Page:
‘Fleabag’ stage show streaming online to raise money for NHS and more

Creator is raising money for health workers and theatre freelancers

Phoebe Waller-Bridge’s stage play version of Fleabag will be streaming online this month in order to raise money for charity.

The play – which originally ran in 2013 – was adapted into the hit TV series, before being revived on stage in 2019.

A recording of Fleabag from last year is streaming in the UK on the Soho Theatre’s On Demand site from today (April 6), and will expand to Australia, New Zealand and Canada on April 10. It will also stream from then on Amazon Prime in the US.

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Phoebe Waller-Bridge in ‘Fleabag’. Credit: BBC

The 48-hour download is available for £4, with proceeds going to charities including The National Emergencies Trust (NET), NHS Charities Together and Acting For Others.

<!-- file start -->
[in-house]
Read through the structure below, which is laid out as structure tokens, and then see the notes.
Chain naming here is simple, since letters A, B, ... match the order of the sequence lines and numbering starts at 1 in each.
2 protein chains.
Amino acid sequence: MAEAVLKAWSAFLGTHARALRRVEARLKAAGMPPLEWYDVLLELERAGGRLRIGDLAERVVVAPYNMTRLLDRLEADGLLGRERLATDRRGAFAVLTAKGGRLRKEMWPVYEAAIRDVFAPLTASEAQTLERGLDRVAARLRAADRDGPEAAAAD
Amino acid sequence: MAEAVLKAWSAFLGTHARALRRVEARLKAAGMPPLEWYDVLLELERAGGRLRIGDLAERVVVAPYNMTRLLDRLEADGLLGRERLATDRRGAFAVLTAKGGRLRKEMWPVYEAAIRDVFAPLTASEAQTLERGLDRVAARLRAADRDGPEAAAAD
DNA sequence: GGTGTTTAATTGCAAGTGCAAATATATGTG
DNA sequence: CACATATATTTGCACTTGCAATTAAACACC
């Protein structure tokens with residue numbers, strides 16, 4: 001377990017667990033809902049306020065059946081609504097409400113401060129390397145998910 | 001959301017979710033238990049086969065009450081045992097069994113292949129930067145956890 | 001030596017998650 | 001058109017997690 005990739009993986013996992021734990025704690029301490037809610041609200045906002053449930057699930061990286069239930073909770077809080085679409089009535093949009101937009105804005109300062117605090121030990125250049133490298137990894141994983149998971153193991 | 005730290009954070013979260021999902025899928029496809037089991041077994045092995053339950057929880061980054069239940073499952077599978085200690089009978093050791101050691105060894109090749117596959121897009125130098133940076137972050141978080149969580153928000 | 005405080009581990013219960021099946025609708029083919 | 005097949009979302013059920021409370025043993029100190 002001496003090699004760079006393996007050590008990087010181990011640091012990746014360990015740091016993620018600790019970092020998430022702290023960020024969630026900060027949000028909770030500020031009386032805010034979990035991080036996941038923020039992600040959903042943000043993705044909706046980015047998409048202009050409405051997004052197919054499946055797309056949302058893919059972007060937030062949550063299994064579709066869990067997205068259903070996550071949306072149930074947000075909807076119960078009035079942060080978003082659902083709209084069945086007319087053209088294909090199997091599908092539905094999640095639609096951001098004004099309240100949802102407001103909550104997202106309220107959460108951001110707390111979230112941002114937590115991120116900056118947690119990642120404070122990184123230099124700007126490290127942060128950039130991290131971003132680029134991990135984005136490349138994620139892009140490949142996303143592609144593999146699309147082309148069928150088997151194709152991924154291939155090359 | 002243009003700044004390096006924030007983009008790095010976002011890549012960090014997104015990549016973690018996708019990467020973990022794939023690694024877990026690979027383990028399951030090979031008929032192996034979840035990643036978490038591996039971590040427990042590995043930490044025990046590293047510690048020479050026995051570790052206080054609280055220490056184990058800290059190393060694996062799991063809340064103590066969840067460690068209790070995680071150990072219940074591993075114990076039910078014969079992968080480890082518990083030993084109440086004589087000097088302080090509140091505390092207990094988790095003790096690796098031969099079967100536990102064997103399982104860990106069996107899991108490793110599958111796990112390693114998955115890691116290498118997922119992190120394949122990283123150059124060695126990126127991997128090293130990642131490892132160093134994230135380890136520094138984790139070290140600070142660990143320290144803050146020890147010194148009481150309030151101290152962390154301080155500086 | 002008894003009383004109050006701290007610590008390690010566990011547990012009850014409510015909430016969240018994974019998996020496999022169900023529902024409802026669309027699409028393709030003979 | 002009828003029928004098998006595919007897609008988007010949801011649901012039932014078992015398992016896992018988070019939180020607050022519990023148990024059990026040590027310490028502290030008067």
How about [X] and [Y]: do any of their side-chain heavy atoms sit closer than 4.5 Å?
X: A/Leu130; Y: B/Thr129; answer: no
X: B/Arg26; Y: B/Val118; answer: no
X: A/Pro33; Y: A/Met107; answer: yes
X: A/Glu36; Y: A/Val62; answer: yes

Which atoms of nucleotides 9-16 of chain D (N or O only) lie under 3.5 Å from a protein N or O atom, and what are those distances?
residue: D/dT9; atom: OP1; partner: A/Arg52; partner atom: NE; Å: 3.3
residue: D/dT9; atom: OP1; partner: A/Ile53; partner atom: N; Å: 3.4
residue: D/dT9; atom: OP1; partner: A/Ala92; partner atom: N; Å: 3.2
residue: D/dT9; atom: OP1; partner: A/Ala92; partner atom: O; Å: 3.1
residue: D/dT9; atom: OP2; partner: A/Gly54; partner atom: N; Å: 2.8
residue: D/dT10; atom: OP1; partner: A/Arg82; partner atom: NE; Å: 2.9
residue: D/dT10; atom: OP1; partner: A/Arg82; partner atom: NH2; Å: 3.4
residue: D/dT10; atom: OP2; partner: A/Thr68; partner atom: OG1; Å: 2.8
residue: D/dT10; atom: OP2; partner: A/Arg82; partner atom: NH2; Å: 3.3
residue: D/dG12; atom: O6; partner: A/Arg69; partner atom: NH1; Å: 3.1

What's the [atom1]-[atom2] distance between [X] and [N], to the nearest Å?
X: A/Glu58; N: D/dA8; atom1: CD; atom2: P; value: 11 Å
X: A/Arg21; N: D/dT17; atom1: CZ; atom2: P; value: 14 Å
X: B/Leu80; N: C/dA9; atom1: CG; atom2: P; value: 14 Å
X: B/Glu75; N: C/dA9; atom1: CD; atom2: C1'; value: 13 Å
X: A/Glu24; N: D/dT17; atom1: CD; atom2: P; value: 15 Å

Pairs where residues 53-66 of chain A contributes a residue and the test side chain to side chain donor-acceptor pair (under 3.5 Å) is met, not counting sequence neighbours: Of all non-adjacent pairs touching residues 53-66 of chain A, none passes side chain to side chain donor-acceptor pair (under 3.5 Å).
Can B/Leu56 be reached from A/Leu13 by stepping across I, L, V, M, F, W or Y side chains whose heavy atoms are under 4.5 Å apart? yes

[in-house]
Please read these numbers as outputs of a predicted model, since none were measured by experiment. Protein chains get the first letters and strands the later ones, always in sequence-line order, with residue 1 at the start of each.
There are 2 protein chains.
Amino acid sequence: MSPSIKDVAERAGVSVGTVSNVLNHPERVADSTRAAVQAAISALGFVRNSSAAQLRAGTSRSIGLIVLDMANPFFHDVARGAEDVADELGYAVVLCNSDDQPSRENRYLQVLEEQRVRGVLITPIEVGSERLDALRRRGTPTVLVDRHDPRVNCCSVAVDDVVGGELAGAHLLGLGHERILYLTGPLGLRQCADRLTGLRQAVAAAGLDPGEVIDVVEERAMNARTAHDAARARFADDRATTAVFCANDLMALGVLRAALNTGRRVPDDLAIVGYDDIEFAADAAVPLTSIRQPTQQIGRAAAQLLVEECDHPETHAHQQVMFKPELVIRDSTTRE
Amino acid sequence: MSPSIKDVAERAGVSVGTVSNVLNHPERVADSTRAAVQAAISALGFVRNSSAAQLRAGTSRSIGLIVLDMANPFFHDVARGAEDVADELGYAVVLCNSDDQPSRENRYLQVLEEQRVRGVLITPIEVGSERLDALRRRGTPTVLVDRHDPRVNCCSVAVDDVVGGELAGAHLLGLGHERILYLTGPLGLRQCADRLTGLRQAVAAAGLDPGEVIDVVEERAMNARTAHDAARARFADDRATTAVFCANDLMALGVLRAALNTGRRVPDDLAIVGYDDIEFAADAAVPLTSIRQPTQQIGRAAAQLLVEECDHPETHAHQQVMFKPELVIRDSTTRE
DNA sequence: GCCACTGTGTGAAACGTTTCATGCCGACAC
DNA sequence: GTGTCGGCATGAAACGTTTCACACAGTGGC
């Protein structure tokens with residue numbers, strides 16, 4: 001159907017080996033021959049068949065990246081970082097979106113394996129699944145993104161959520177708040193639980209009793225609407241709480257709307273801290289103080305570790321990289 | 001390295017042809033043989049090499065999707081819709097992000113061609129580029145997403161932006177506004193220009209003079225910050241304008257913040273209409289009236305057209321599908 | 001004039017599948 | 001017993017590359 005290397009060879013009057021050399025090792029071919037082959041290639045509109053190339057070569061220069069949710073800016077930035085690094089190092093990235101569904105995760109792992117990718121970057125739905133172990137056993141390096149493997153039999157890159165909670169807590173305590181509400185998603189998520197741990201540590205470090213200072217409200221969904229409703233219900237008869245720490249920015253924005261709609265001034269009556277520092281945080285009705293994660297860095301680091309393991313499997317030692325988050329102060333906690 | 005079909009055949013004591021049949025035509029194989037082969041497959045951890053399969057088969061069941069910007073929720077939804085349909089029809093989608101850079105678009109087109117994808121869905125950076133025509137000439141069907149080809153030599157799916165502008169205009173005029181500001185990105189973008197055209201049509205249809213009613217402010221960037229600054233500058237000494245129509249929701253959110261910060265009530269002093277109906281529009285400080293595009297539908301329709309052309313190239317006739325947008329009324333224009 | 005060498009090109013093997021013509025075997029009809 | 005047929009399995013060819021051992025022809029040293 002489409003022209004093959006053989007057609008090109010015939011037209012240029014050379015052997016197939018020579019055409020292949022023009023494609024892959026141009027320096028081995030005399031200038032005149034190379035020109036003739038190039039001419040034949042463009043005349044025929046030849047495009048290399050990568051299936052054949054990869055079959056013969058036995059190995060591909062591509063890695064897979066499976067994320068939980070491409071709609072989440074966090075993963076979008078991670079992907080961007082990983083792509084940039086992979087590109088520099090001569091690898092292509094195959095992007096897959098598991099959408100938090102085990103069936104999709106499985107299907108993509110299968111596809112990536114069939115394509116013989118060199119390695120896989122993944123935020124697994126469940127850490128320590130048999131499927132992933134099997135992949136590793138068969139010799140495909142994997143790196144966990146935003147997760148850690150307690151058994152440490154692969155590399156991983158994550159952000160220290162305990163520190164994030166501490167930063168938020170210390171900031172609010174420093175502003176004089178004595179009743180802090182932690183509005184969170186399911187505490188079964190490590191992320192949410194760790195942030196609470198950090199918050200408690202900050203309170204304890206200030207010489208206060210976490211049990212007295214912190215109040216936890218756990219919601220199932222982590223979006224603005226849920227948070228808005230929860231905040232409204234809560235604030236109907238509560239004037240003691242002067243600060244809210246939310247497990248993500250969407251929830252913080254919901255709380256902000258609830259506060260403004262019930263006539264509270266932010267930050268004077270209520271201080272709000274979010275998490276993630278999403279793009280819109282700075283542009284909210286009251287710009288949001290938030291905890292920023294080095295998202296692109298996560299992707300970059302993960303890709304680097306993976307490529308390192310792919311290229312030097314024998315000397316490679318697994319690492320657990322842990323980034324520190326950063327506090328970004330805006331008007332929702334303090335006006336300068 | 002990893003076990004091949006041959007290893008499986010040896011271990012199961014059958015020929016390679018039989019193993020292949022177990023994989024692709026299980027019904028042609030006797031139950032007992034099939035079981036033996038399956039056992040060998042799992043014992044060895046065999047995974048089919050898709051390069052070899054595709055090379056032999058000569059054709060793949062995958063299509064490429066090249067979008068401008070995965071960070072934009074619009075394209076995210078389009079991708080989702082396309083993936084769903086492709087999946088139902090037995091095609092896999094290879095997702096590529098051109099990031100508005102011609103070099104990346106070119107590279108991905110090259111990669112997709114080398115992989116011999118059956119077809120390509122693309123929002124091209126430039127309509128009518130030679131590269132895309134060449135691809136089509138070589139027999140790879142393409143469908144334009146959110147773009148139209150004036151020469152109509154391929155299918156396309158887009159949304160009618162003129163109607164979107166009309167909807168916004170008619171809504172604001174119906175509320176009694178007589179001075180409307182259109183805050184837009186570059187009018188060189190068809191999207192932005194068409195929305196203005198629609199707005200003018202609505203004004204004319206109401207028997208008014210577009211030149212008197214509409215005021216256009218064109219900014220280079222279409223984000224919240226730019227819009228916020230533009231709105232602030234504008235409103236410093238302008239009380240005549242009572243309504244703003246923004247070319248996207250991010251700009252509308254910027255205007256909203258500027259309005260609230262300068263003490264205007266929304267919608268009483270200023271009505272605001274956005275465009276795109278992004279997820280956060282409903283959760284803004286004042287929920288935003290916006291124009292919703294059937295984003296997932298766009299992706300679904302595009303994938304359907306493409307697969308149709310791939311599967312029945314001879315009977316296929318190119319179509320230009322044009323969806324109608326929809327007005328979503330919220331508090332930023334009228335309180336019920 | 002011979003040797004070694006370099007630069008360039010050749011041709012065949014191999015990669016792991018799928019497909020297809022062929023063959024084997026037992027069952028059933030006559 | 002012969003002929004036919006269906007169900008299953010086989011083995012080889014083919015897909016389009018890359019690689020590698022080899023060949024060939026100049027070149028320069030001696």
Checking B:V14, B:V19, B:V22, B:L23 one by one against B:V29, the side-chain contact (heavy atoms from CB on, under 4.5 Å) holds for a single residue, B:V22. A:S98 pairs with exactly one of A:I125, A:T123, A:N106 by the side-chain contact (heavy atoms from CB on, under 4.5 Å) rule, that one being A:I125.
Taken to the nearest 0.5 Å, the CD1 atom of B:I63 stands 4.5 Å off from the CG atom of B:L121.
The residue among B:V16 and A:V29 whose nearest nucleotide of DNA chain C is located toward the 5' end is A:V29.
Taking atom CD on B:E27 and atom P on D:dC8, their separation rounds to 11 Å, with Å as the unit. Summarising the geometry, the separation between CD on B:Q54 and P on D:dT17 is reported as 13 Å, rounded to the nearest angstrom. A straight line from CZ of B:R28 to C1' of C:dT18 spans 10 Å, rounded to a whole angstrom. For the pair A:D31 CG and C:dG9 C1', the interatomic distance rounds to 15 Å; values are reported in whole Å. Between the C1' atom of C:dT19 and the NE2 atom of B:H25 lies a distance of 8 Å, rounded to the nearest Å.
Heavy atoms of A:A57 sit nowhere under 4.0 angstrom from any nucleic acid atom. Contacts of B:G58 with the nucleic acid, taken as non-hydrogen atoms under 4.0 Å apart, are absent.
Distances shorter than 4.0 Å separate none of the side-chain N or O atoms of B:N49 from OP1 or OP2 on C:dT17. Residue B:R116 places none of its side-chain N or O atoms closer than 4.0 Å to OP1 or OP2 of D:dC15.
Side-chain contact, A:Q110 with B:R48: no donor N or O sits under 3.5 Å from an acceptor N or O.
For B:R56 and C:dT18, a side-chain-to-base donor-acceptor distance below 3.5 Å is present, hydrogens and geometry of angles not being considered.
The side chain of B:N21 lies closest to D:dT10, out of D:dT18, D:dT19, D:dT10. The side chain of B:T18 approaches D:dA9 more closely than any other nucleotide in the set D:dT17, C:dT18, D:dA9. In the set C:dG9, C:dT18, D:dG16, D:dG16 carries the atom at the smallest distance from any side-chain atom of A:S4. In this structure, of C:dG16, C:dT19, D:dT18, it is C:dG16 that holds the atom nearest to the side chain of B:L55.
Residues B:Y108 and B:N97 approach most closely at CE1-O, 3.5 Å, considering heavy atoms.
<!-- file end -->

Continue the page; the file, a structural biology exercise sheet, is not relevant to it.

Money raised will also go to the Fleabag Support Fund, which is distributing £2500 grants to freelancers in the UK theatre industry affected by the coronavirus pandemic.

“I hope this filmed performance of Fleabag can help raise money while providing a little theatrical entertainment in these isolated times,” Waller-Bridge said. “Thank you to all our partners and to the creative team who have waived their royalties from this production to raise money for such vital causes in this unbelievably challenging situation.

‘Fleabag’ has been a big success for BBC Three. Credit: BBC

“All money raised will support the people throughout our society who are fighting for us on the frontlines and those financially devastated by the crisis, including those in the theatre community. Thank you in advance to those who donate. Now go get into bed with Fleabag! It’s for charity!”

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Last year, Waller-Bridge scored a host of Emmys for the Fleabag TV series, and admitted afterwards that she had regrets about ending the show after two series.

“Even though it’s so nice to hear that so many people loved it, it’s like: ‘Oh dammit, maybe I shouldn’t have waved goodbye’. But it does feel right to go out on a high,” she said. “It doesn’t get higher than this. It feels like the perfect way to say goodbye.”

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